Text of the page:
Montana is preparing to replace its more than decade-old voter registration system as part of a federal grant program to improve election security.
However, Secretary of State Corey Stapleton says not all those improvements will be in place ahead of the 2018 midterms.
“We’re in a good place, we’re going to keep us in a good place," Stapleton says. "But, I stay up at night sometimes thinking about the scenarios of ‘what if,’ and I think that’s a healthy fear to have.”
Security concerns have recently come front of mind for election officials like Stapleton.
“Because of the 2016 elections and the Russian meddling in those, cybersecurity is all the talk. So it isn’t surprising that IT, infrastructure, safety, training, and in this case, looking at replacing an old, aging statewide voter registration is the lion's share of this money spending.”
Earlier this year Congress approved $380 million in grants to improve the administration of elections nationwide, including upgrading election security.
Montana’s Secretary of State’s office biggest plan with its $3 million of the Help America Vote Act grant is to replace the hardware and software that makes up the state’s voter registration system. Montana’s system, which organizes voter and ballot information, is over a decade old.
“Think about your home computer," Stapleton says. "If you’re using a home computer from the year 2000 and it’s still got Windows 4 on it, it’s a huge upgrade to go to a modern system.”
The Secretary of State’s office says it is currently working with counties to pick a replacement system to organize voter and ballot information and it could be in place by the end of 2019.
Stapleton says when the improvements are made, voters are unlikely to see much of the change because the upgrades are on the back end of the state’s voter registration system.
Montana can use its allotment of the election improvement grant money over the next five years. Stapleton says he hopes his office can get most of it spent, and distributed out to counties for new equipment, in the next year and a half.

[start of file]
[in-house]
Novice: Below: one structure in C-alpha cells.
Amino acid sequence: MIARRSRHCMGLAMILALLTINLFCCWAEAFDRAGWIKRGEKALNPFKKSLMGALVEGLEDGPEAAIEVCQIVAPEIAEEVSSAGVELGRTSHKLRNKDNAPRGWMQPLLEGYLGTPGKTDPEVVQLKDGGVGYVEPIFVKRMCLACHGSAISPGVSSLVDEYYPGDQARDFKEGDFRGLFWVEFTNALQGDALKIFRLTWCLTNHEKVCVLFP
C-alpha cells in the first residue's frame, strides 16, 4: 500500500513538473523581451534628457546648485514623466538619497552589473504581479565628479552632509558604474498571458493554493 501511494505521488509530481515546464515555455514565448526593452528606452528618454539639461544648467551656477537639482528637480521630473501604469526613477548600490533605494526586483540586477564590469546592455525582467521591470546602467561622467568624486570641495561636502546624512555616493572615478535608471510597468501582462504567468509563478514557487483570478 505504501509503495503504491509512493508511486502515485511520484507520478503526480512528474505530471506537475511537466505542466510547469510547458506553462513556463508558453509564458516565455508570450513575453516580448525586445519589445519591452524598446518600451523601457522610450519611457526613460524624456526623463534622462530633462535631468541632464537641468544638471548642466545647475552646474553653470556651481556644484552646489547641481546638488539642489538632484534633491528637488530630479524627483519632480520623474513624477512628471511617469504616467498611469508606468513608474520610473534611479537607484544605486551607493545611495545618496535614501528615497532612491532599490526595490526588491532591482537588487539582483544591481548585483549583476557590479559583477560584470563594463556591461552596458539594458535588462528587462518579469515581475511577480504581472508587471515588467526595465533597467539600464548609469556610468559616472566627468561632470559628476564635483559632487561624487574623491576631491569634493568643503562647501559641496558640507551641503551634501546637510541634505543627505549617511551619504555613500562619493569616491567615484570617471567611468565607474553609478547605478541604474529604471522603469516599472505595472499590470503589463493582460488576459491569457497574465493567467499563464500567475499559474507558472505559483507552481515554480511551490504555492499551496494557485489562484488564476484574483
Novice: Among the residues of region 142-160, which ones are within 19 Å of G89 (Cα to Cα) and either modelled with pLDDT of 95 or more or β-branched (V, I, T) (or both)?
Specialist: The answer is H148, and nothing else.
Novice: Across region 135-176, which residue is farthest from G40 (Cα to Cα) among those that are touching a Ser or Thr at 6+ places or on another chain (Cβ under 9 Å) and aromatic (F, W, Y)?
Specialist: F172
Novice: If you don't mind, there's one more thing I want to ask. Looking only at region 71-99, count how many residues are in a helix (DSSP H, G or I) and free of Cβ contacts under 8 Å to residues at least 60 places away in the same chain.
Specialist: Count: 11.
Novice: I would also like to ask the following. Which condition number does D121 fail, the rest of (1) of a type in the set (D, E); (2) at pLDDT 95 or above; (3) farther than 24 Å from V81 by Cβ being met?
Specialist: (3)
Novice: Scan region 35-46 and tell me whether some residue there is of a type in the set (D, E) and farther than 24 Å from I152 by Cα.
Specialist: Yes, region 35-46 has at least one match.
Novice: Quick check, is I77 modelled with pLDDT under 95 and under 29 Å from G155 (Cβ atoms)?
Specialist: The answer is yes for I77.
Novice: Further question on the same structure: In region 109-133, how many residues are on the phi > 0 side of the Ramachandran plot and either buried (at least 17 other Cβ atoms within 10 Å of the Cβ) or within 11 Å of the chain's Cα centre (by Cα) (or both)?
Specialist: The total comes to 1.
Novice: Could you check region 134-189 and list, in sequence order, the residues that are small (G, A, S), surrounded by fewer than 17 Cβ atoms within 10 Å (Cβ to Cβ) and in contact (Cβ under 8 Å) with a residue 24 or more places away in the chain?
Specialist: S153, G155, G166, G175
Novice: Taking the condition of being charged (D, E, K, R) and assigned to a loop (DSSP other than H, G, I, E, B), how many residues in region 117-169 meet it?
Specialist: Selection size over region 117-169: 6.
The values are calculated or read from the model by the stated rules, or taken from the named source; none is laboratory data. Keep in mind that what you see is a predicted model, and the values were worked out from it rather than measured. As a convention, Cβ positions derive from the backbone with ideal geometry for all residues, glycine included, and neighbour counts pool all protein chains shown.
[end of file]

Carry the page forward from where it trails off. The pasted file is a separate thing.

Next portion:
The Secretary of State’s office has also budgeted some of its HAVA grant to fund cybersecurity training for state and county election staff.
“Right now we’re doing it," Stapleton says, "Even as we speak, we’re conducting some partnerships with the National Guard, with the Department of Homeland security. So, they're the ones — with our permisison — that are trying to penetrate our system.”
Stapleton says amid that testing, some employees in the state’s top election office have fallen into the trap of phishing emails.
"We did some training right here in our own office. And even after we told people to not open up suspicious emails, we had a phishing email that went out, and we had a lot of people opening it."
A poll from NPR News and Marist College conducted earlier this month found that 38 percent of adults nationally think the U.S. is not very prepared or not prepared at all to keep this fall’s midterm elections safe and secure.
That poll of 949 adults found that more people have confidence in their state and local election officials than federal election officials to protect the actual results of the midterm election.
Montana uses paper voting ballots, which are widely considered the most secure method of voting, according to VerifiedVoting.org.
VerifiedVoting.org said Montana was “Generally Good” in a 2012 state-by-state look at election preparedness.
A February 2018 report from the Center for American Progress stated that Montana follows some cyber security best practices related to voter registration systems, but there was room to improve election security in the state.
Montana received a ‘C’ score its election security from CAP. In that report, 12 states scored higher than a ‘C’ and no states received an ‘A’.
Absentee ballots for Montana military and overseas voters will be sent September 21.
Regular voter registration will close on October 9. Standard absentee ballots will be sent out no later than October 12.